I have been a little under the weather the past three weeks with one illness after another queuing in unexpectedly. I haven’t had the heart to pick up the brushes in a while. But today I thought it was time to put some salve into my soul. So I curled up with a cup of hot bitter sweet coffee and watched “To Kill A Mockingbird”, all over again. I have read this book by Harper Lee several times over and watched the film about half a dozen times, and it remains very close to my heart.
I can easily say that this book is without doubt the most beautiful I have read and can ever hope to read. Like all good books, you notice something new and take with you something new from this book every single time that you read it.
I have never had role models and almost never really been in awe of anyone, perhaps with the exception of Atticus Finch, one of the characters from the book.
For those who have not read this book or watched the film, the story is from the point of view of Jean Louise Finch (Scout) as she remembers a summer back in
Jeremy (Jem) Finch is her brother who is 4 years older. Along with Dill, who visits his aunt every summer, the three kids spend most of their holidays wondering about their mysterious neighbour Arthur (Boo) Radley who has not been seen for several years and about whom some horrific stories abound in the small neighbourhood. Well, this is really the backdrop, the book addresses several issues, those of growing up, and racial prejudice, of parenting, courage and most importantly I suppose belief. This summary in no way does justice to the story, if you haven’t read the book, I suggest you do.
I cannot really sum this book, because as I said it brings me something new every time I read it. The film stars Gregory Peck in one of his most powerful and nuanced performances as Atticus and Mary Bedham as little Scout.
I cannot honestly imagine anyone else as Atticus. In fact it is difficult to separate the actor from the character he plays in this particular film. Atticus is a man of principles and mettle. His face is calm and compassionate; he always wears crisply ironed suits and ties.
In one of the scenes in the film, the two children are half asleep and talking about their mother who they lost 4 years ago, and the camera tracks very gently to Gregory Peck as he sits quietly on the swing at the porch outside, listening to his children. Atticus’s quiet face reveals just how much his wife meant to him. Enough to give you goose bumps.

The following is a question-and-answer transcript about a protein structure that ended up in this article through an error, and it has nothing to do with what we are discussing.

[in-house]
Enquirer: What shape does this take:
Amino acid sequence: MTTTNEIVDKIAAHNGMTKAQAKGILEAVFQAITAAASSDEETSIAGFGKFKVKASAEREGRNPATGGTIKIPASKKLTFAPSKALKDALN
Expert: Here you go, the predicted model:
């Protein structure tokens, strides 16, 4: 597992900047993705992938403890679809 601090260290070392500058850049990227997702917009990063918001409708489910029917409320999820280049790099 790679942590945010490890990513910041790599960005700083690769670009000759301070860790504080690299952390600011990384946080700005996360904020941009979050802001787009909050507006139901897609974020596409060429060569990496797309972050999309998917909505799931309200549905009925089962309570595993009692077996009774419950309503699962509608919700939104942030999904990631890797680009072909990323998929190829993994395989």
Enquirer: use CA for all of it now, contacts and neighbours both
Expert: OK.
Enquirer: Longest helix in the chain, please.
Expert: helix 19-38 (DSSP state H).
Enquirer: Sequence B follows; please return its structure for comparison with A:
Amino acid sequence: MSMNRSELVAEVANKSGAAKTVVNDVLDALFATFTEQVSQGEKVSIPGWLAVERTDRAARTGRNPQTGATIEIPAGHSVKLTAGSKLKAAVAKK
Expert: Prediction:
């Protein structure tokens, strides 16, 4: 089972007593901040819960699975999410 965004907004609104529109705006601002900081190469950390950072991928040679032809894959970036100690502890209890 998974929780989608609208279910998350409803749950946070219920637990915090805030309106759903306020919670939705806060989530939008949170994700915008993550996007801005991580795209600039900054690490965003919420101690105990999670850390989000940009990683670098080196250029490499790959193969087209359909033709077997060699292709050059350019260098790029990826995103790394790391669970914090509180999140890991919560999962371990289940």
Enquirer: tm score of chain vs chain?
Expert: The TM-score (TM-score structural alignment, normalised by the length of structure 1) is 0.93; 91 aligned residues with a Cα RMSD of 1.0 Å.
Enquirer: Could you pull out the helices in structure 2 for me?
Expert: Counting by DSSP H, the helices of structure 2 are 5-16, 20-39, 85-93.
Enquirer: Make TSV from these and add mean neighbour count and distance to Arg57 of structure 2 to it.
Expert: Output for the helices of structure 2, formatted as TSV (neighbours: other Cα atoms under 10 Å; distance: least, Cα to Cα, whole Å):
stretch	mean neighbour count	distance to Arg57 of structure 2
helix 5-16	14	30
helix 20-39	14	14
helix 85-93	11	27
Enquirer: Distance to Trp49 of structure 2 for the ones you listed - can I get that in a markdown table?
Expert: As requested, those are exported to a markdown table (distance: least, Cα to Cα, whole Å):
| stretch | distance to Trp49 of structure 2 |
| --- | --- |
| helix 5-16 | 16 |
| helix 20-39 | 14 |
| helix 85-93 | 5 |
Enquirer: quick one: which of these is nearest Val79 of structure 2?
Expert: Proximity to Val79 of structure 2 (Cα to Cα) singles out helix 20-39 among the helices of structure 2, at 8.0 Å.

And another sequence, where Atticus sits outside the jailhouse; guarding Tom who is inside. The trial is to begin the next morning. Atticus is reading under a lamp he has carried from home, it is the middle of the night and not a leaf stirs, all is dark, except for the light from the lamp, this shot is taken from afar. Four cars arrive with a lynch mob. What ensues is yet another remarkable scene in the film.
The character of Boo Radley is poignant to say the least. Especially when one realizes that Boo was once shut away from the world; but now chooses to shut himself away. The children are fascinated with him and in his own way so is he with the children. Perhaps he finds in their innocent curiosity and their foolish prying games the childhood he never was allowed. In a way I suppose Boo is the mockingbird and so is Tom.
“I could shoot all the Bluejays I wanted, if I could hit them, but (i was told) to remember it was a sin to kill a mockingbird”, says Atticus as he remembers what his father told him when he first gave him a gun.
The truth is that I want to believe that there are men like Atticus. No. Let me rephrase that, I want to believe that Atticus still exists. That courage and integrity still exist. That in all this noise, clutter and fragile egos the size of football fields which has everyone screaming like infants for attention and security, there is this island, rock solid, quiet, that can harbor someone like you and me. Or perhaps I am hoping that I find this island inside of me. And inside of you.
You can read more about Atticus on wikipedia here.